The Russian Defense Ministry’s apparently unilateral decision to scuttle the planned launch of a European re-entry experiment aboard a converted submarine-launched ballistic missile was unfortunate, to say the least. Not only does it leave the European Space Agency (ESA) with no means to launch the European Experimental Reentry Testbed, or Expert, it represents yet another setback for industrywide efforts to find low-cost access to space for small payloads.

Expert, a sensor-laden module designed to be dropped to Earth from an altitude of 120 kilometers, was built at a cost of about 50 million euros ($65 million), much of that sum contributed by Italy. The mission is a precursor to ESA’s Intermediate Experimental Vehicle, a winged spaceplane designed to launch in 2014 aboard a European Vega rocket.

ESA thought it had secured a low-cost launch for Expert via a contract with Russia’s Makeyev State Rocket Center announced in late 2009. But the price, about 2 million euros, was too good to be true: According to officials at Expert prime contractor Thales Alenia Space, the Russian Defense Ministry, for reasons that aren’t clear, elected a while back to void the contract.

The ministry of course is well within its rights to decide how its excess missile assets are used, but the time to torpedo the ESA-Makeyev deal was before a contract was signed, not two years afterward. It seems highly unlikely that Russian defense officials were unaware of the deal as it was being negotiated — had that been the case, they likely would have canceled the contract soon after it was announced. If the ministry simply changed its mind about the desirability of launching non-Russian civilian payloads from its ballistic missile submarines, it still could have allowed Makeyev to honor this one contract.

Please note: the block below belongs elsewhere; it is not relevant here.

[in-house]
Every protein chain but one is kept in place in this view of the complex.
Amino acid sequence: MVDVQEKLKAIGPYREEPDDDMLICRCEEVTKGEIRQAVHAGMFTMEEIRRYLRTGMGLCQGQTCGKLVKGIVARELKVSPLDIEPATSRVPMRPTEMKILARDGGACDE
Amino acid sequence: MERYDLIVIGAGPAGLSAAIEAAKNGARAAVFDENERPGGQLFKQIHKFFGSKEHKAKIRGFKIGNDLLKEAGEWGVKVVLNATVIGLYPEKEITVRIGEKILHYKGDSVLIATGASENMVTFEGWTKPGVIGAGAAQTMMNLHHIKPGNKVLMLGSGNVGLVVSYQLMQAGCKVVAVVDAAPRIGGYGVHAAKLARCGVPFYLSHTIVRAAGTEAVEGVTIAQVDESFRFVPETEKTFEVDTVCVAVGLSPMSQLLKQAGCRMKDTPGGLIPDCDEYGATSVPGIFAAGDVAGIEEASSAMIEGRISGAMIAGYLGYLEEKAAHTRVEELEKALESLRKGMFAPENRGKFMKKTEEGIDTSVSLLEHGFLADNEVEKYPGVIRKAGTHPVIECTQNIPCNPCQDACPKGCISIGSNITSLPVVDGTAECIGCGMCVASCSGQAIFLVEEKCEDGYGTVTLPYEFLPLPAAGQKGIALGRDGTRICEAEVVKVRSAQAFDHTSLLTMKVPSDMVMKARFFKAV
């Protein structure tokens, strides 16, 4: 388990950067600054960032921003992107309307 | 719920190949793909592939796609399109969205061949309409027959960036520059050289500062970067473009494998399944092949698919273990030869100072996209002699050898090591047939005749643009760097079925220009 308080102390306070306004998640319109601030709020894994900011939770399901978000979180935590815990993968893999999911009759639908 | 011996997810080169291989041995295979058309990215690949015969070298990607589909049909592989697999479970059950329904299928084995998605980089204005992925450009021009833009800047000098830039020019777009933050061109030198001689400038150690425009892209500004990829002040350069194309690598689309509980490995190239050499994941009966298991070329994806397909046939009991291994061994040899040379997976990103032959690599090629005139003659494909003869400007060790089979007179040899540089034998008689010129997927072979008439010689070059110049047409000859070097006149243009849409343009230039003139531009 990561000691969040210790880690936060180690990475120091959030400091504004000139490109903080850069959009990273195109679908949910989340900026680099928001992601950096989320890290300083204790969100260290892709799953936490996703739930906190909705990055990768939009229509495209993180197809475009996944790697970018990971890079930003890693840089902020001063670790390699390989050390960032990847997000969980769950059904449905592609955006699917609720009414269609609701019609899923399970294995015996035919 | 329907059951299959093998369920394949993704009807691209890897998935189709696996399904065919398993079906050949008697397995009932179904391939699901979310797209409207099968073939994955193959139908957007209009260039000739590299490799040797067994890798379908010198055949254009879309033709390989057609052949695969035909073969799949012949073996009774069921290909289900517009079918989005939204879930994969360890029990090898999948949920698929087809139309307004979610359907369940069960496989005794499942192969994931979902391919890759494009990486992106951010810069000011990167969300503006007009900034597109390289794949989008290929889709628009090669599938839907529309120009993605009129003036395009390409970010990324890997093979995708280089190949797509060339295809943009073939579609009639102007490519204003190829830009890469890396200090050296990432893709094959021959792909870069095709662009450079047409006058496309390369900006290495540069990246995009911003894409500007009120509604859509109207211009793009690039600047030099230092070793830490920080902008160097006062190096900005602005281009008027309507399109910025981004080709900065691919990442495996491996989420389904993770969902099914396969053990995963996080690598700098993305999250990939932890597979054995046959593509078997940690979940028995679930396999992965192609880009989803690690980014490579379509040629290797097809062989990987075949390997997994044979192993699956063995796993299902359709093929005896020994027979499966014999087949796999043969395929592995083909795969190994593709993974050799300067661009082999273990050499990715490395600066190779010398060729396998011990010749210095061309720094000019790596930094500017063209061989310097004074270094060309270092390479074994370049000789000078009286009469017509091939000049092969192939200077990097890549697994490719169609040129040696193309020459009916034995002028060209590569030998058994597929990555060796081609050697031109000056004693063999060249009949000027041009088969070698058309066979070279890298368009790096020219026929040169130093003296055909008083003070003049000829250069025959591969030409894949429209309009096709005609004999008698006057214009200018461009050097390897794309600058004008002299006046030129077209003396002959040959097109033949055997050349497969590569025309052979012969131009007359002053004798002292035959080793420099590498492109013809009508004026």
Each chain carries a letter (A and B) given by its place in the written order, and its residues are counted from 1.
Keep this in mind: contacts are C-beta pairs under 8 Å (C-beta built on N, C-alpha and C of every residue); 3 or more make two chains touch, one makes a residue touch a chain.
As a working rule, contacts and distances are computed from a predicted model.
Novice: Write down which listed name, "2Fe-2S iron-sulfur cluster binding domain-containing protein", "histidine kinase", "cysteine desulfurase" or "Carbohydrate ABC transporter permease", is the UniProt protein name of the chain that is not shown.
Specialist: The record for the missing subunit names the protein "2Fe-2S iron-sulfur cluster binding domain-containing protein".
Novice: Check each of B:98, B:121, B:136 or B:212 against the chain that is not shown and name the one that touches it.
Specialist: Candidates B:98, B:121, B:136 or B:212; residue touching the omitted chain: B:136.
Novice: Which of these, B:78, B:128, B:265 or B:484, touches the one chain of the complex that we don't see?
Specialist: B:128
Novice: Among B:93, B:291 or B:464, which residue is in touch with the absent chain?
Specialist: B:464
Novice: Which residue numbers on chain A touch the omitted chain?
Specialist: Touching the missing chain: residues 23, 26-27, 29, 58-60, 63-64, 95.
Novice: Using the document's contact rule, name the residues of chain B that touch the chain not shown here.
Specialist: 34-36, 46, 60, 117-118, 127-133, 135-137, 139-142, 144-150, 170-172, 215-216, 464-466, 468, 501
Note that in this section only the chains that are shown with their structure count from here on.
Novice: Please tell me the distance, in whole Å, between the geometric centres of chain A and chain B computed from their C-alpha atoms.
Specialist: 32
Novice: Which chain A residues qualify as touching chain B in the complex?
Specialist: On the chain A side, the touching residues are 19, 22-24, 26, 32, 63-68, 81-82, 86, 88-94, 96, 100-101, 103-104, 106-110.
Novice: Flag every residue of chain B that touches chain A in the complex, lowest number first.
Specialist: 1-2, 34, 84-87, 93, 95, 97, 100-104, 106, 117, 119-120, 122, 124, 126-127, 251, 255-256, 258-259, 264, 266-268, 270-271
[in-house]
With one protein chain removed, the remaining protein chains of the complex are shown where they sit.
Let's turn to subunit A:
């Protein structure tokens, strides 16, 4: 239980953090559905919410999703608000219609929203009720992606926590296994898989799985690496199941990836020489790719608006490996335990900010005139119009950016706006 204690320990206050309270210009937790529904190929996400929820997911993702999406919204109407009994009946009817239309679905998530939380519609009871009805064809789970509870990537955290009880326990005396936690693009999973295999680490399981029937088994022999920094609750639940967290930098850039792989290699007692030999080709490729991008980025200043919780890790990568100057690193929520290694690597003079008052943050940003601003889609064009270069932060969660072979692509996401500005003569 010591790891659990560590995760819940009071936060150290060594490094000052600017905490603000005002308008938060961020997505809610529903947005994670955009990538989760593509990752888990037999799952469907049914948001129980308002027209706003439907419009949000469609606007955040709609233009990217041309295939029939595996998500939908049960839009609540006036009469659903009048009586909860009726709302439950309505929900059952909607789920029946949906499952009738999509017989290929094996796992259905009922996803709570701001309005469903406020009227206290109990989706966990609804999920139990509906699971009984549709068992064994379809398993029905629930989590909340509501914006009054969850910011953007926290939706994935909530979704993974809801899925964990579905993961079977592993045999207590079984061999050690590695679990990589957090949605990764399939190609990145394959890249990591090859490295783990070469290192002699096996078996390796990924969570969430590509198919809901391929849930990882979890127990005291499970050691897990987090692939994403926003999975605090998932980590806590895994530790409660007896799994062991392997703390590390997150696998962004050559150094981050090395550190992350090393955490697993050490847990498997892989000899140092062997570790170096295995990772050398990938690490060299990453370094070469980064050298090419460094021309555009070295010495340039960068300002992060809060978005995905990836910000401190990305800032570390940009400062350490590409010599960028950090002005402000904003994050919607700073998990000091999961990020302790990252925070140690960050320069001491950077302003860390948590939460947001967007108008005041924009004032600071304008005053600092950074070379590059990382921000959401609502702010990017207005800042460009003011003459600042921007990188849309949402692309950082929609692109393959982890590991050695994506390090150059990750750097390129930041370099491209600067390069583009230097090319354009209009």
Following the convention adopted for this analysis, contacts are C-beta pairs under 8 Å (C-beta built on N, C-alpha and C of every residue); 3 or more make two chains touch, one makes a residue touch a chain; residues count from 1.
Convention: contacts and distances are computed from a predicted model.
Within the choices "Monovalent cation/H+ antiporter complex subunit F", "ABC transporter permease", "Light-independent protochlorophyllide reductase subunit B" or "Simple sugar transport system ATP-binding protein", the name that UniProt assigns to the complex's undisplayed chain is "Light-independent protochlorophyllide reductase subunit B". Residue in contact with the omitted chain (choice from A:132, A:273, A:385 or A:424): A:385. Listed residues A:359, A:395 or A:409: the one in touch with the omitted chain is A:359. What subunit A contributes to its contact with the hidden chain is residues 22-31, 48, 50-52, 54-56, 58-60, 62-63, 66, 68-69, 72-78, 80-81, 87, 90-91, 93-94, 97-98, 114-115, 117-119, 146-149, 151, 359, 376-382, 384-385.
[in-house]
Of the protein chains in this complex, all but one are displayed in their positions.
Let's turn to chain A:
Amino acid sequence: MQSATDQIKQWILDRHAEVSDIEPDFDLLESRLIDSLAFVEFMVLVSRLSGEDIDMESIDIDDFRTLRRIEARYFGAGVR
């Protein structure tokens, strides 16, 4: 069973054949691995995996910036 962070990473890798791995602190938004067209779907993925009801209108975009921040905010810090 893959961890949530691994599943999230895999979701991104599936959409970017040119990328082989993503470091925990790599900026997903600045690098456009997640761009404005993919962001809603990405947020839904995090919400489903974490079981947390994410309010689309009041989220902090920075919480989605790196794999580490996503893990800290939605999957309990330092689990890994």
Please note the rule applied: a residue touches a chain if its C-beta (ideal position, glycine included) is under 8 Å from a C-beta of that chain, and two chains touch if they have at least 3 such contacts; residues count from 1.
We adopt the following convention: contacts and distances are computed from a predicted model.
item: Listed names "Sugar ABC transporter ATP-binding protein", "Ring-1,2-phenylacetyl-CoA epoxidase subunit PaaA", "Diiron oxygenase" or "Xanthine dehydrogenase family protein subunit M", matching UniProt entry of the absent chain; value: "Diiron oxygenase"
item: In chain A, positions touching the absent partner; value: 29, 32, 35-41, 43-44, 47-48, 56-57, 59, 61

The space industry can only hope that other contracts to launch satellites aboard converted Russian ballistic missiles are better insulated against capricious government oversight. If a recent Russian press report saying the government is rethinking its support for the Kosmotras venture, which markets a converted missile known as Dnepr, is correct, an already tough situation is going to get tougher.